Jul 8, 2022

Record-setting quantum entanglement connects two atoms across 20 miles

Posted by in categories: internet, particle physics, quantum physics

Researchers in Germany have demonstrated quantum entanglement of two atoms separated by 33 km (20.5 miles) of fiber optics. This is a record distance for this kind of communication and marks a breakthrough towards a fast and secure quantum internet.

Quantum entanglement is the uncanny phenomenon where two particles can become so inextricably linked that examining one can tell you about the state of the other. Stranger still, changing something about one particle will instantly alter its partner, no matter how far apart they are. That leads to the unsettling implication that information is being “teleported” faster than the speed of light, an idea that was too much for even Einstein, who famously described it as “spooky action at a distance.”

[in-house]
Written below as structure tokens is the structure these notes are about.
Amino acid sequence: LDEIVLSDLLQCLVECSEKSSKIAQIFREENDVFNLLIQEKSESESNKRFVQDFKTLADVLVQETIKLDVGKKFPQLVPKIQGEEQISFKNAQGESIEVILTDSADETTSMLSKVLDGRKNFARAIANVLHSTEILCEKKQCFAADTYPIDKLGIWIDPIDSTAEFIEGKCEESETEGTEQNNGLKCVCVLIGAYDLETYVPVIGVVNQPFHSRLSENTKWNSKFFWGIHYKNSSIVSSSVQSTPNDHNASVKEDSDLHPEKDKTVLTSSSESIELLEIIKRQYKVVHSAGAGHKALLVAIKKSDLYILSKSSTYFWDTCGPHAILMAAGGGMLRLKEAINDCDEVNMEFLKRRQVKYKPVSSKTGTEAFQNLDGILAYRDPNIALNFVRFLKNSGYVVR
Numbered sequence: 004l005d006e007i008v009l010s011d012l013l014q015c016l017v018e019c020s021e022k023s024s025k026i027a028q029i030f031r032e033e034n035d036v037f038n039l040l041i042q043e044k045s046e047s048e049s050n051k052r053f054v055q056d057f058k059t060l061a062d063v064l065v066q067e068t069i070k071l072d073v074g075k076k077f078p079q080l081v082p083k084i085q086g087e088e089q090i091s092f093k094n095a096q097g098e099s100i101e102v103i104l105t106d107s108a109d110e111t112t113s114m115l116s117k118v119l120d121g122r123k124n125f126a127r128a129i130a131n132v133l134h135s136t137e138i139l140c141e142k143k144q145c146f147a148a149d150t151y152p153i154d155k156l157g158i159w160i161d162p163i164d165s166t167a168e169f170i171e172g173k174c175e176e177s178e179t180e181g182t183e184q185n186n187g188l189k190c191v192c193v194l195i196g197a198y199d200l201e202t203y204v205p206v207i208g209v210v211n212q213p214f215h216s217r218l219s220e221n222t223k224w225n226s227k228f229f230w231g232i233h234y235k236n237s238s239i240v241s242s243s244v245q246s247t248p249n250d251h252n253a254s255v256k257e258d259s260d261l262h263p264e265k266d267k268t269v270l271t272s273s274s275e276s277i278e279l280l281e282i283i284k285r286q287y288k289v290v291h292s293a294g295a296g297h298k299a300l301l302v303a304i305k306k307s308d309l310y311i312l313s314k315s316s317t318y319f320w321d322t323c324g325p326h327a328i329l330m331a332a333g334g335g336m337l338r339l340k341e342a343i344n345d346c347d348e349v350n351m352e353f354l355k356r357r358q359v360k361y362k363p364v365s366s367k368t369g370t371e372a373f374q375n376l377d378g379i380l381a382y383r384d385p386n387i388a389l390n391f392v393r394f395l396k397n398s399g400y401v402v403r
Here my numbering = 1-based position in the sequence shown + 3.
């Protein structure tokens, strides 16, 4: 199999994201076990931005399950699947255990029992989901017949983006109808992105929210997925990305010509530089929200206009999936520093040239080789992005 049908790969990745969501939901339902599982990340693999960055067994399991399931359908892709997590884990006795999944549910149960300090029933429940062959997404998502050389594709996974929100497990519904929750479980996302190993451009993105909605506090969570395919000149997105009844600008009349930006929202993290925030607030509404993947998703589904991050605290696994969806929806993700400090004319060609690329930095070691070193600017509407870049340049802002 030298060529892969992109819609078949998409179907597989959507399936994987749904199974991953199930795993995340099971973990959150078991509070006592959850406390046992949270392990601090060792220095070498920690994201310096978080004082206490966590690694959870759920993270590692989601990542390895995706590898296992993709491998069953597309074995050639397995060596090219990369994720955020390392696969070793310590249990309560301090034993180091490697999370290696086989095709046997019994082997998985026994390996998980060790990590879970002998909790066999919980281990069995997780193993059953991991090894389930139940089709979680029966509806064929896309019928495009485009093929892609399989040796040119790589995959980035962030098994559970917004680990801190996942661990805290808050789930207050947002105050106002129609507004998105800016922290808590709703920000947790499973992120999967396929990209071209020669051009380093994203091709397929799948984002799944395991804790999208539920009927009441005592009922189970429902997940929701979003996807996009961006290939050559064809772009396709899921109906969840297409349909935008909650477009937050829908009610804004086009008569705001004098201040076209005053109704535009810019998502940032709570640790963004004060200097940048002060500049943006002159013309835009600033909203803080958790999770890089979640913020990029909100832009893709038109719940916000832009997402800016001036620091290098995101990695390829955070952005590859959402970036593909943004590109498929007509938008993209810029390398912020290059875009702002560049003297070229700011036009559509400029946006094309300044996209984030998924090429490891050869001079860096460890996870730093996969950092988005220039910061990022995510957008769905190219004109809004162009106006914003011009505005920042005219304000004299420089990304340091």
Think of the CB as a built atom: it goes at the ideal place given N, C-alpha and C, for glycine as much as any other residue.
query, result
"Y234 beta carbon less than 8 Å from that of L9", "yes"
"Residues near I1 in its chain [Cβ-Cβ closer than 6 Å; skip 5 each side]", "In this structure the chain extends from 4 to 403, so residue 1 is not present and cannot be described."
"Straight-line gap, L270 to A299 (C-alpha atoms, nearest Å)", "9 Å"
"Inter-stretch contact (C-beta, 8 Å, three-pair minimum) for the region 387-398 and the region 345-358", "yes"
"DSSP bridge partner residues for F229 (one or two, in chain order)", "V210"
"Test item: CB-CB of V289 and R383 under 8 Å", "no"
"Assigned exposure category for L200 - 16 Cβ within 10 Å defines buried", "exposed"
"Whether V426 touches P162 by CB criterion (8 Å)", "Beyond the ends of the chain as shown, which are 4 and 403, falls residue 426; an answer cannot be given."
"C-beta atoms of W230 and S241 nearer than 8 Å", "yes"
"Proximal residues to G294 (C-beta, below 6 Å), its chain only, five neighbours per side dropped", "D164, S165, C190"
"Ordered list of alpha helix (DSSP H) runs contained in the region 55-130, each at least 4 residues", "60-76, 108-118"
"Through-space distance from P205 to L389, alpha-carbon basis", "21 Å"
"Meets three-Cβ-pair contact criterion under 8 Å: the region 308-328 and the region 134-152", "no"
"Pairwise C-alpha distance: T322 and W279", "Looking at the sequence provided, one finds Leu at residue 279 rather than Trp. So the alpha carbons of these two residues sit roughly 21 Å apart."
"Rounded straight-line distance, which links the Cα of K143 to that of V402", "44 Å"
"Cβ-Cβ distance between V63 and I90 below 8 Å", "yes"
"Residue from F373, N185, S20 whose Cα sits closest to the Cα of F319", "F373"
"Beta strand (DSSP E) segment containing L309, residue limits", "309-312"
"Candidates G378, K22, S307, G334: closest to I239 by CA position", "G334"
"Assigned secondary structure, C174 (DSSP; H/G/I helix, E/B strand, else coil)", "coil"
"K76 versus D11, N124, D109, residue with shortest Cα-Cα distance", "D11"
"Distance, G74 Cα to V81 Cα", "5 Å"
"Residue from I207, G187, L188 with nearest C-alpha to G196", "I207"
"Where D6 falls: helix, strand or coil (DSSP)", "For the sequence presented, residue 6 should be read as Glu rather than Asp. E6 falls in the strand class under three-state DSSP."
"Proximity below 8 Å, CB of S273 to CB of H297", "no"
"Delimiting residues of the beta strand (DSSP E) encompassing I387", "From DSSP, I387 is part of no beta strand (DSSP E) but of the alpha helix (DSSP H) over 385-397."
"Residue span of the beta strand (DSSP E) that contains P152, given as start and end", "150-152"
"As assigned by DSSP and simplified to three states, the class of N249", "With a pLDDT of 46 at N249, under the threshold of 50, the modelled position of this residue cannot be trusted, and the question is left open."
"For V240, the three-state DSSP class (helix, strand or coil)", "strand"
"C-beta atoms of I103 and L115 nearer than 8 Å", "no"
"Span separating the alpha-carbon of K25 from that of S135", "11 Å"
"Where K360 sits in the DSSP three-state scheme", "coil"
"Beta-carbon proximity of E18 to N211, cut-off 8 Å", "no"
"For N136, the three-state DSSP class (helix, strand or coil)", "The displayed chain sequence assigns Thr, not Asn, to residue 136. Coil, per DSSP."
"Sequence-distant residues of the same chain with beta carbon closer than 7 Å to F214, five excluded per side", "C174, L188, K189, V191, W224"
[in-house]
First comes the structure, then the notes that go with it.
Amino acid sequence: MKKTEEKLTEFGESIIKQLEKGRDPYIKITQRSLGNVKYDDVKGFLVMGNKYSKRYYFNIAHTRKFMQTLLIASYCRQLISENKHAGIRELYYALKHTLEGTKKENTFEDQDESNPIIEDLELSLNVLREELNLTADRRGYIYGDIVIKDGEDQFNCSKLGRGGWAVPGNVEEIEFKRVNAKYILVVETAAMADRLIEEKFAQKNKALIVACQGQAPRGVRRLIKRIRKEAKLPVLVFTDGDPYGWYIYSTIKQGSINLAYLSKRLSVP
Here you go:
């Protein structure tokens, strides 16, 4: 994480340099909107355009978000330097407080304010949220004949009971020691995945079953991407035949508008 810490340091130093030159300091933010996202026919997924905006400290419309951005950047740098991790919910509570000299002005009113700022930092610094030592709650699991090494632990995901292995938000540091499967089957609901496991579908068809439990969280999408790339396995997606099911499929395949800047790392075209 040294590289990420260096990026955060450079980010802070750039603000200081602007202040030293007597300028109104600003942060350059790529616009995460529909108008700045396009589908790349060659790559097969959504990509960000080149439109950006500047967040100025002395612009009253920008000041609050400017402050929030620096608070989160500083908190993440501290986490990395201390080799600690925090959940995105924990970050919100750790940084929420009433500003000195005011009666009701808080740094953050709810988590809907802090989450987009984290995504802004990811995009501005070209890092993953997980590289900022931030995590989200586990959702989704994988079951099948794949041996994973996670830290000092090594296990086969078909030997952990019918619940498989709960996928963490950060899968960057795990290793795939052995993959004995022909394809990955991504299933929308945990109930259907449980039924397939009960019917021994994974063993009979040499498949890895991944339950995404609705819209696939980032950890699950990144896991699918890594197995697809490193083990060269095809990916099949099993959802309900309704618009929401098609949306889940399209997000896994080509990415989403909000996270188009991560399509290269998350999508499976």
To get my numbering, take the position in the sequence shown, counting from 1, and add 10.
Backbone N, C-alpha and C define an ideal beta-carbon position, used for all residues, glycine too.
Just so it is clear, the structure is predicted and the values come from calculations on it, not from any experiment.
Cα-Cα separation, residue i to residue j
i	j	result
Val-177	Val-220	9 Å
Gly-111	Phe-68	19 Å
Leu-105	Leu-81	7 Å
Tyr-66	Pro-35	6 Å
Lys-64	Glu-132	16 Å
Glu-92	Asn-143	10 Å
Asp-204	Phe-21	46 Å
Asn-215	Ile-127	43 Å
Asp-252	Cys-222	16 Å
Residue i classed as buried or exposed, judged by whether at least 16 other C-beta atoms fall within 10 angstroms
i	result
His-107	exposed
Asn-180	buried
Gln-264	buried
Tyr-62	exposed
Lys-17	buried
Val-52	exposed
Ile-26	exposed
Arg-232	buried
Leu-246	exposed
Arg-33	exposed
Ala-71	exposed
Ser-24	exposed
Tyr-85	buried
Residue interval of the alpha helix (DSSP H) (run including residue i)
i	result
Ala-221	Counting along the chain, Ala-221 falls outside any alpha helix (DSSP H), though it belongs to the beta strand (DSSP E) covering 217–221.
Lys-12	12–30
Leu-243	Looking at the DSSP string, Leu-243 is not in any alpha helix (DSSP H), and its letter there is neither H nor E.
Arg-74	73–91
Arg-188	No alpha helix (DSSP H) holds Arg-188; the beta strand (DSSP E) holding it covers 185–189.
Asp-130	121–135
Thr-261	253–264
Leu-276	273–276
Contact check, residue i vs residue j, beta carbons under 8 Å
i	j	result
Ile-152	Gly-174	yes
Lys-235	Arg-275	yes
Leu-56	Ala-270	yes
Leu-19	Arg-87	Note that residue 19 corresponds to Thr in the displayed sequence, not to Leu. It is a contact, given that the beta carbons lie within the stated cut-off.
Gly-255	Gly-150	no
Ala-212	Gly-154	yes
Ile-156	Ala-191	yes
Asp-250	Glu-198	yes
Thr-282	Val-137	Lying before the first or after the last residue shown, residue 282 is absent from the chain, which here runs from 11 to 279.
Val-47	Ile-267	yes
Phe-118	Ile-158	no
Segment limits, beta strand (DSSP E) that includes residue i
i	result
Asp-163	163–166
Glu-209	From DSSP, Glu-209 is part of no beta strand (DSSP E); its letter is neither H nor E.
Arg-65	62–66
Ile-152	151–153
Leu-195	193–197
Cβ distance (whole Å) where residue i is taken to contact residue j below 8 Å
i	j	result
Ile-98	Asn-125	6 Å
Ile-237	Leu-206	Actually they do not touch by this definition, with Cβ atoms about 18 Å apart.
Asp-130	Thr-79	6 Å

Despite its apparent impossibility, quantum entanglement has been consistently demonstrated in experiments for decades, with scientists taking advantage of its bizarre nature to quickly transmit data over long distances. And in the new study, researchers from Ludwig-Maximilians-University Munich (LMU) and Saarland University have now broken a distance record for quantum entanglement between two atoms over fiber optics.

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